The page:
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Philly Ida resource guide: Safety tips, road closures, post-flooding advice, trash delays, downed trees, and more

What you need to know about staying safe, city services, and what to do now.

A view of the backside of Main Street Manayunk as seen from the Manayunk Bridge. Heavy rain from Hurricane Ida is creating problems with flooding in Philadelphia and region on Thursday, September 2, 2021.
A view of the backside of Main Street Manayunk as seen from the Manayunk Bridge. Heavy rain from Hurricane Ida is creating problems with flooding in Philadelphia and region on Thursday, September 2, 2021.Read moreALEJANDRO A. ALVAREZ / Staff Photographer

The remnants of Hurricane Ida swept through the Philadelphia region on Wednesday night, bringing massive flooding, tornadoes, and power outages affecting tens of thousands of people across the region. Follow our live blog for the latest information and news at

Here are some resources to help you deal with the aftermath:

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Basic safety tips after a hurricane

  1. Don’t touch downed wires. Peco says you should consider all downed wires to be live and extremely dangerous.

  2. Avoid flooded areas when outside. Floodwater can be deceptively deep and you shouldn’t try to walk through water deeper than your knee, according to Philadelphia’s flooding guidelines. Even if floodwater looks safe to cross, it’s unclear what’s in the water “at any given point in time,” the CDC warns. High floodwaters can conceal downed power lines and debris, and floodwaters can carry human and animal waste, not to mention chemical, biological, and radiological waste from households, businesses, and industrial areas. All of these can be harmful to health, and exposure to floodwater can cause tetanus, skin rashes, gastrointestinal disease, and infections in wounds.

  3. If you have to walk into floodwater, the CDC recommends wearing rubber boots, rubber gloves, and goggles. If you have made contact with floodwater, wash with soap and clean water as soon as possible; if that’s not available, the CDC recommends alcohol-based wipes or sanitizer. Treat wounds and seek medical attention if needed, and wash any clothes you wore into the floodwater with hot water and detergent before reusing them. Keep children from playing on lawns and fields until the ground surface has dried. If you or a family member develops fever higher than 100 degrees, vomiting, diarrhea, or severe stomach cramps in the next five days, call a doctor or health-care provider.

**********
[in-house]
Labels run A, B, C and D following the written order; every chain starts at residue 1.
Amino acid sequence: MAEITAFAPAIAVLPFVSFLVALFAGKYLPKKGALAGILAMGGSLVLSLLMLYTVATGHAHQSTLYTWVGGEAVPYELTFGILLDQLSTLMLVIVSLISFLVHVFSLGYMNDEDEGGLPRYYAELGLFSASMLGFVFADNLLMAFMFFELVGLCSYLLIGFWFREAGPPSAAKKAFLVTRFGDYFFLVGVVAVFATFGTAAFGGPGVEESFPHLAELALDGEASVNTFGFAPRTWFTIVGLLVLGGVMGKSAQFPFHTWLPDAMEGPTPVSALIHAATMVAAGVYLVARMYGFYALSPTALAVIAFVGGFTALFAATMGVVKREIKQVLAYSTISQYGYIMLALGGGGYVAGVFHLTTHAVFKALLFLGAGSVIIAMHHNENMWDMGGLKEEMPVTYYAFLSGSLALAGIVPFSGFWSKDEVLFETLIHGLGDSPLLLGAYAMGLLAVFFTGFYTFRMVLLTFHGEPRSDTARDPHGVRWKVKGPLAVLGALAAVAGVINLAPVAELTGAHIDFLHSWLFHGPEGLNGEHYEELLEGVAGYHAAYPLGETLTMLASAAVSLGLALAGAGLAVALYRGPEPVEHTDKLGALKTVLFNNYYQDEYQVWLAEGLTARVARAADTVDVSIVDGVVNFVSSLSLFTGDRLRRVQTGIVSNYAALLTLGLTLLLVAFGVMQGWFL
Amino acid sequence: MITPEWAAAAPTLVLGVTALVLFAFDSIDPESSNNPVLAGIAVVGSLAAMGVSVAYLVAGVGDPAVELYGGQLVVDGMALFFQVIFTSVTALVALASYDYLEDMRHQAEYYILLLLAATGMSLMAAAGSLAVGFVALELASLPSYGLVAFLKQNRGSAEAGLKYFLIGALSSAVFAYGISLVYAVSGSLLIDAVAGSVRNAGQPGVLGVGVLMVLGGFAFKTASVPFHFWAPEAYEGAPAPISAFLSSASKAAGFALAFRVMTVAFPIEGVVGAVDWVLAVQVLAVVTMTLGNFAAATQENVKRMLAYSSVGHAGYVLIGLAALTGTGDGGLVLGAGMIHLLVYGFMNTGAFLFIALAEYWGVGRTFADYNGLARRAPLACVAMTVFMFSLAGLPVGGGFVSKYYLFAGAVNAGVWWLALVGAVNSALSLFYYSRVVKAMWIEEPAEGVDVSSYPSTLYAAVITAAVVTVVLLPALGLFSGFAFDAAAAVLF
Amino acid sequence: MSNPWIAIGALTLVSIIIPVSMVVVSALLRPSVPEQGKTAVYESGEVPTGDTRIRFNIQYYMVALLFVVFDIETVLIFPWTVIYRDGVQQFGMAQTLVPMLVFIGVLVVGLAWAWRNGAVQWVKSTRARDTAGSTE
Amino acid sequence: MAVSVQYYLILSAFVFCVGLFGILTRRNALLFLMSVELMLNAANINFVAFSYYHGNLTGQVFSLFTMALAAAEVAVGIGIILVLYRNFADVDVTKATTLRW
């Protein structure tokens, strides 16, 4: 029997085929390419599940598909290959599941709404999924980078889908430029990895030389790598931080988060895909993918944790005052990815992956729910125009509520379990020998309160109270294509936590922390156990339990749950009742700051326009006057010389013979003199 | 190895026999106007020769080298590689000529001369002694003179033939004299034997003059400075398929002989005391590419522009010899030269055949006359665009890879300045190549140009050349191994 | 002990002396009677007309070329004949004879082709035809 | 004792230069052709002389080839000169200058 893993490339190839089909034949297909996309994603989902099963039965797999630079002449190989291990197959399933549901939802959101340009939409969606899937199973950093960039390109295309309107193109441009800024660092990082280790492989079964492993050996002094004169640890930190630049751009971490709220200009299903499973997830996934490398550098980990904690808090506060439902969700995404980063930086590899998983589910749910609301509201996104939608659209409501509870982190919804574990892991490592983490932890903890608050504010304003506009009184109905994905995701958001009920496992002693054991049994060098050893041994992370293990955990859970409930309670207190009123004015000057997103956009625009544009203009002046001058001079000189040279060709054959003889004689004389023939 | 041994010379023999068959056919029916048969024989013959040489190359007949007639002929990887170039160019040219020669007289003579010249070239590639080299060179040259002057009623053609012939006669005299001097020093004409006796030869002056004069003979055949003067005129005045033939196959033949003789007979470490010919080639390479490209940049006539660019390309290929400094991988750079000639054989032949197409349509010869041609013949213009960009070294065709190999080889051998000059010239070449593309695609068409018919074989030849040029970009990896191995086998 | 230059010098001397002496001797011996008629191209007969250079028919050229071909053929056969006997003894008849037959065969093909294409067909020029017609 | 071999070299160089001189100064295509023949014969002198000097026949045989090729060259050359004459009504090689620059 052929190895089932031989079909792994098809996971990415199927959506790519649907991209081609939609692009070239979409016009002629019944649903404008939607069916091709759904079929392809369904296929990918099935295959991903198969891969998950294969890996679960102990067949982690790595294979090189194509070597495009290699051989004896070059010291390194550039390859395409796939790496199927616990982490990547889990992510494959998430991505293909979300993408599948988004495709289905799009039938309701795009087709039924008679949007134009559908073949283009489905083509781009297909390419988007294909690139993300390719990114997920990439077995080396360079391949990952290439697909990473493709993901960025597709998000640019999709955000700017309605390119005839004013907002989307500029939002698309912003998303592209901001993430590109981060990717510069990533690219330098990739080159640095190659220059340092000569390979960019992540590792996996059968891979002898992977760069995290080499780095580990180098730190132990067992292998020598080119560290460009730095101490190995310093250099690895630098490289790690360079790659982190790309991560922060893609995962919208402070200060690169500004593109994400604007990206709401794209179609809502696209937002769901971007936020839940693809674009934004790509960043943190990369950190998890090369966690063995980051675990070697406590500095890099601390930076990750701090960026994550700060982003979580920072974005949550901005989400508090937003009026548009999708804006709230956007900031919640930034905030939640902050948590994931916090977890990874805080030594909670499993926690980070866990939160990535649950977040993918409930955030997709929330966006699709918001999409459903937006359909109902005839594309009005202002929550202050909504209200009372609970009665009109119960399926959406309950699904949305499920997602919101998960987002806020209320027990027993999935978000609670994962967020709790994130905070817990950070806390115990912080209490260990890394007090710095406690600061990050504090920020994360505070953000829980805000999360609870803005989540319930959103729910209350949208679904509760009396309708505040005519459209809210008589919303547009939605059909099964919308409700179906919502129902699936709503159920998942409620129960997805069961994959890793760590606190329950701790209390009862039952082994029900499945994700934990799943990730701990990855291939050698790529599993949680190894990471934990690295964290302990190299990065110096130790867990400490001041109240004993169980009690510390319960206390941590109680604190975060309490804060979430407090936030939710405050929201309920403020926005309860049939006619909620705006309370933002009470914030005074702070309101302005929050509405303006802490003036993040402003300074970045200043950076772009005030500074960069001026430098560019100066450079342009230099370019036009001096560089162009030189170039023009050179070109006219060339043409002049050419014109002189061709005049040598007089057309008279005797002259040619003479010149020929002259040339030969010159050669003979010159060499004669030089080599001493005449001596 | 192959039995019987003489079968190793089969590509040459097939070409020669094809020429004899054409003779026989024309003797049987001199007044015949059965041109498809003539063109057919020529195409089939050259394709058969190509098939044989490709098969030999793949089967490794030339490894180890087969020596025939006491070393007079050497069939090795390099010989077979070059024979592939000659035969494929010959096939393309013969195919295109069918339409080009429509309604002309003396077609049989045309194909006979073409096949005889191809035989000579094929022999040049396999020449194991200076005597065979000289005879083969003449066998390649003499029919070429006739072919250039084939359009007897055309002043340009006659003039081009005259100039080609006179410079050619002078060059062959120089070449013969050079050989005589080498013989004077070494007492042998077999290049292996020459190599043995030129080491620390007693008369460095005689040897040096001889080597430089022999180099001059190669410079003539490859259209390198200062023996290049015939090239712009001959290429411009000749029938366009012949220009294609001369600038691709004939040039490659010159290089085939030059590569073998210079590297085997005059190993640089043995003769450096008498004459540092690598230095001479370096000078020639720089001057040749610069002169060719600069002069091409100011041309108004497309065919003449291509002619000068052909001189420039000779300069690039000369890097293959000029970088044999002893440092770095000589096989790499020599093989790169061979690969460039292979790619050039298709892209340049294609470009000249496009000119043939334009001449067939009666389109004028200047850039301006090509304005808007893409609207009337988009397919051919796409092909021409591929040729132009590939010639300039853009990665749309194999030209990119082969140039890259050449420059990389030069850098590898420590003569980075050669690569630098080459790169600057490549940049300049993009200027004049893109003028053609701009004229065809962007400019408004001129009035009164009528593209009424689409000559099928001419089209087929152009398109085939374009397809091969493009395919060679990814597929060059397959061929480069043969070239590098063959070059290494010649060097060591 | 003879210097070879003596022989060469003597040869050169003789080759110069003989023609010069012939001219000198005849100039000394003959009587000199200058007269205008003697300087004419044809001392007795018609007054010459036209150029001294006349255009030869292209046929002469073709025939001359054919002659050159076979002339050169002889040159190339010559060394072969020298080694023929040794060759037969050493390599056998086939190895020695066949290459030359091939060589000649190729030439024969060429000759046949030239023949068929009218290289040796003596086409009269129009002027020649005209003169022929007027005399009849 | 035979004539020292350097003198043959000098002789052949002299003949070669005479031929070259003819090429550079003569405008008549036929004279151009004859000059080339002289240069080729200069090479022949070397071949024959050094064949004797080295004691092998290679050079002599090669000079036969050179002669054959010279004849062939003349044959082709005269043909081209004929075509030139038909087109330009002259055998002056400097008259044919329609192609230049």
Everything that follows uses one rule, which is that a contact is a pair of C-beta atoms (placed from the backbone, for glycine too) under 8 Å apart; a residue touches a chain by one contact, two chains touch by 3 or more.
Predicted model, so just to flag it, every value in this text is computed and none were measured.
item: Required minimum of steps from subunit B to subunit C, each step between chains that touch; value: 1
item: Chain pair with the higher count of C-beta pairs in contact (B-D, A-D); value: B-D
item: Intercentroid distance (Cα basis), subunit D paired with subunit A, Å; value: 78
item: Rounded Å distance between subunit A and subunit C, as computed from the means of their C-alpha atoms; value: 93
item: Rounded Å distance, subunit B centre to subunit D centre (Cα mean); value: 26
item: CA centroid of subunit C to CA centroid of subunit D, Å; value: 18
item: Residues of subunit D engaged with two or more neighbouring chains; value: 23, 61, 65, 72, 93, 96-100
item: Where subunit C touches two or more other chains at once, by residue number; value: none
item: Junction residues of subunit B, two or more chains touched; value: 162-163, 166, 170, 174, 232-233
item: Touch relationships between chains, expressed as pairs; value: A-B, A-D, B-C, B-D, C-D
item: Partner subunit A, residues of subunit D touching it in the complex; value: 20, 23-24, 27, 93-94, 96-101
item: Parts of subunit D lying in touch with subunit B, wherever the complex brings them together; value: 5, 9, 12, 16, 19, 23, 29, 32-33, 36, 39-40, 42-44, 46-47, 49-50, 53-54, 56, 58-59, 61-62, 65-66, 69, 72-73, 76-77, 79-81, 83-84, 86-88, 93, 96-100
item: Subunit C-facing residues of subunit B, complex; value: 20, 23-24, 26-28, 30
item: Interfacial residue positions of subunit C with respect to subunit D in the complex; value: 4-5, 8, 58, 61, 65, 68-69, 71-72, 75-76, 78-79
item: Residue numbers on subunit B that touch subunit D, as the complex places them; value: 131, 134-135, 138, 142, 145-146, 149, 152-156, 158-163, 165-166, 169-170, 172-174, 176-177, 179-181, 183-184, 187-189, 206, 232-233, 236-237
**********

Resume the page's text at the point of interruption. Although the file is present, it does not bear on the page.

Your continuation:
4. Avoid driving through flooded roads. As little as two feet of moving water can sweep an SUV from a road. If your car stalls in floodwaters, leave it.

  5. If you lost power, throw out all perishable foods that haven’t been refrigerated for more than six hours. Don’t refreeze frozen foods that have thawed. If any kitchen utensils or counters were touched or splashed by floodwater, the city recommends washing them with soap and water and wiping them down with a diluted bleach solution.

  6. If you smell gas in the city, contact Philadelphia Gas Works at 215-235-1212 and provide your location, or call 911. PGW’s Customer Call Center is also open, and can be reached at 215-235-1000.

  7. Philadelphians who experience drinking-water quality problems, such as discolored water, should contact the Philadelphia Water Department’s Water Emergency Hotline at 215-685-6300 in order to have an inspector investigate.

  8. Keep kids out of wet areas. Clean and disinfect wet toys with a diluted bleach solution or wash them in a dishwasher with hot water before letting children play with them.

  9. For more information on flood recovery from the city, you can subscribe to OEM alerts (text READYPHILA to 888-777) and follow @PhilaOEM on Twitter.

Where to go for help

If you are dealing with property damage, reach out to your rental insurance or home insurance company. If your property is uninhabitable, contact the Red Cross at 1-800-RED-CROSS (1-800-733-2767) or head to the city and Red Cross-operated reception center at West Philadelphia High School (4901 Chestnut St.). You can also view a full list of open Red Cross shelters in the region on the organization’s website.

If you receive SNAP benefits and lost food purchased with them due to a power outage, flood, or fire, you may be eligible to have those benefits replaced. Community Legal Services of Philadelphia says that you should contact your local County Assistance Office within 10 days of your food’s spoiling to request a replacement. A full list of CAOs is available on the Pennsylvania Department of Human Services website at